The alternative is to select these elements (or even build them) on a case-by-case basis, as they best fit your goals. Invest some time to review what’s available and catch up on the latest standards and best practices for forming a well-built site using your web design process. Your users’ first impression—especially on the quality of your offering—may depend on it.
Aside from impacts about look-and-feel, you want to consider all factors that will make your site easier or difficult to support. Aspects, such as your tools for content management, third-party integrations, customizable APIs and technical support that may or may not be provided.
Finally, you will want a site that also performs where it’s needed, whether platforms or devices. And nowadays, it really can spell doom to adopt a framework that’s unresponsive right out of the box. For a responsive design, let your tooling match your ambitions.
3. Identifying the Minimum Viable Product and Best ROIs
Speaking of ambitions, it’s also good to define what the minimum viable product (MVP) for the site will be and orient the sitemap around enabling that deliverable. Finding this is completely based on your site’s specific set of goals and intentions, as outlined in your design brief, so any web-based MVP can take many forms.
But we’re talking about the one feature, resource or call-to-action (CTA) likely to deliver the highest ROI for building the site. So, it makes sense to primarily orient your content plan and functionality around the site’s MVP, while also ensuring everything from the site’s navigation to the placement of input fields works to support the same.
Having these reflected in a sitemap will provide you with a skeletal framework of content and structure. Plus, it’s an opportunity to guide the taxonomy of your site’s verbiage, including navigation labels, page titles and headers. Hierarchically laid out by intended architecture, such an overview is good for assessing specific visuals you may need produced (or acquired), along with any assets, that bring the content to life.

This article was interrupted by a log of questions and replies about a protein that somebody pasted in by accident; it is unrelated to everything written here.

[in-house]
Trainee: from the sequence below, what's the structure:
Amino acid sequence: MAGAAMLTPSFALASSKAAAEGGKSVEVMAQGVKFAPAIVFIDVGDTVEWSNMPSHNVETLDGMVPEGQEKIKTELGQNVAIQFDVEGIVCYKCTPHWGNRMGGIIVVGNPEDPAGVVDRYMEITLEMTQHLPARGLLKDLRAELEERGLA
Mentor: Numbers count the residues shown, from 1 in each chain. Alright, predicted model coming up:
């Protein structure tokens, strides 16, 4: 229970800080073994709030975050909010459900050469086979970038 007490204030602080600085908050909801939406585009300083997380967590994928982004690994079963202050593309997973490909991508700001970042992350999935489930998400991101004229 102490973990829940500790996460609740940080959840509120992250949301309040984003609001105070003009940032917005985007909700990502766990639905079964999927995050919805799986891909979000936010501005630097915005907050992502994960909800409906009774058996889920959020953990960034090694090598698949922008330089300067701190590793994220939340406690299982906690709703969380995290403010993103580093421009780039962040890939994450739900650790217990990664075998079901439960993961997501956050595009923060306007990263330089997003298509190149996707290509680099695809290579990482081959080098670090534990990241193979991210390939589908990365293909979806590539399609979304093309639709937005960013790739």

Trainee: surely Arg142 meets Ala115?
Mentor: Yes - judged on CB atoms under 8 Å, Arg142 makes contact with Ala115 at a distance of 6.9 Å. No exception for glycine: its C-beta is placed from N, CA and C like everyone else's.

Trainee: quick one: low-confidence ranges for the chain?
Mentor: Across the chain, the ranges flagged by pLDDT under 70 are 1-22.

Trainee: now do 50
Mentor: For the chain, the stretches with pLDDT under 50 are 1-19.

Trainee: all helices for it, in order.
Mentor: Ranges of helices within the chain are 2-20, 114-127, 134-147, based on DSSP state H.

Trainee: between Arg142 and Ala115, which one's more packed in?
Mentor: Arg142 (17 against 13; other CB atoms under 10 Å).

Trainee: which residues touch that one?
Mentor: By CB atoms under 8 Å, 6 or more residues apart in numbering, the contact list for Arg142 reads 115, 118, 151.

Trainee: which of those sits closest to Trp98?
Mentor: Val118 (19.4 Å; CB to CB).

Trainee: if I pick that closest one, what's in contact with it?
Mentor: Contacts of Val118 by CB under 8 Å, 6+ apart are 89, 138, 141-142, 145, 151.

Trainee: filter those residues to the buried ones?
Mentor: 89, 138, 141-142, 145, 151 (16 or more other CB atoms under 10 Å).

SEO and Accessibility Factors
Crucially, you will also want to consider the site’s SEO and accessibility factors. Depending on your site’s greater aims, it can make all the difference to its ultimate impact and how it performs against direct competitors. Helping your users find you helps you to find them and enables better models and predictions through site analytics.
With a gameplan for your site’s structure and how it’s centered around the MVP, makes it easier to connect the dots of interaction that flow from the user to the system and back again in the form of features and services, per the use cases in the design brief.
Such a user flow is valuable to shape the overall usability of your site. It helps set up major navigation schemes and accounts for any bigger, unforeseen barriers. At the same time, it creates the chance to figure out the features that especially add value along the user journey. Features that tend to benefit from a strong web design.
4. Design Development
Any website that exemplifies useful design starts with a clear and inspirational vision. A mood board is a wonderful way to approach that visualization. As a digital collage, it helps define the visual direction of your site. It can be considered an abstract or creative version of your design brief. And its purpose is to gather ideas and inspiration before you jump into any real design work. It will help you decide, for instance, what your overall mood or tone is. Will it be lighter or darker? Professional or playful? A mood board helps piece this together.
The wireframes that follow can be considered a blueprint for your screen designs. As such, they’re as valuable as any other form of blueprint.
They also serve as the first skeletal representation of your site or application’s layout, incorporating the best available insights from customer journeys, user needs and core workflows.
Most importantly, wireframes can be used to confirm the product or service by helping evaluate form factors, inviting feedback and road-testing design ideas before getting into finer details.
This brings us to another design activity that, ideally, precedes detailed design work: Doing some level of validation on the overall web design process from the site’s key stakeholders.
Any more critical aspects, however, must also involve potential user testing, with end users successfully recruited for direct feedback about the MVP. And especially where that is or isn’t being supported by a given approach. Leadership and product owners will want to verify that the evolving solution is compelling, effective and competitive as compared against other offerings in the same space.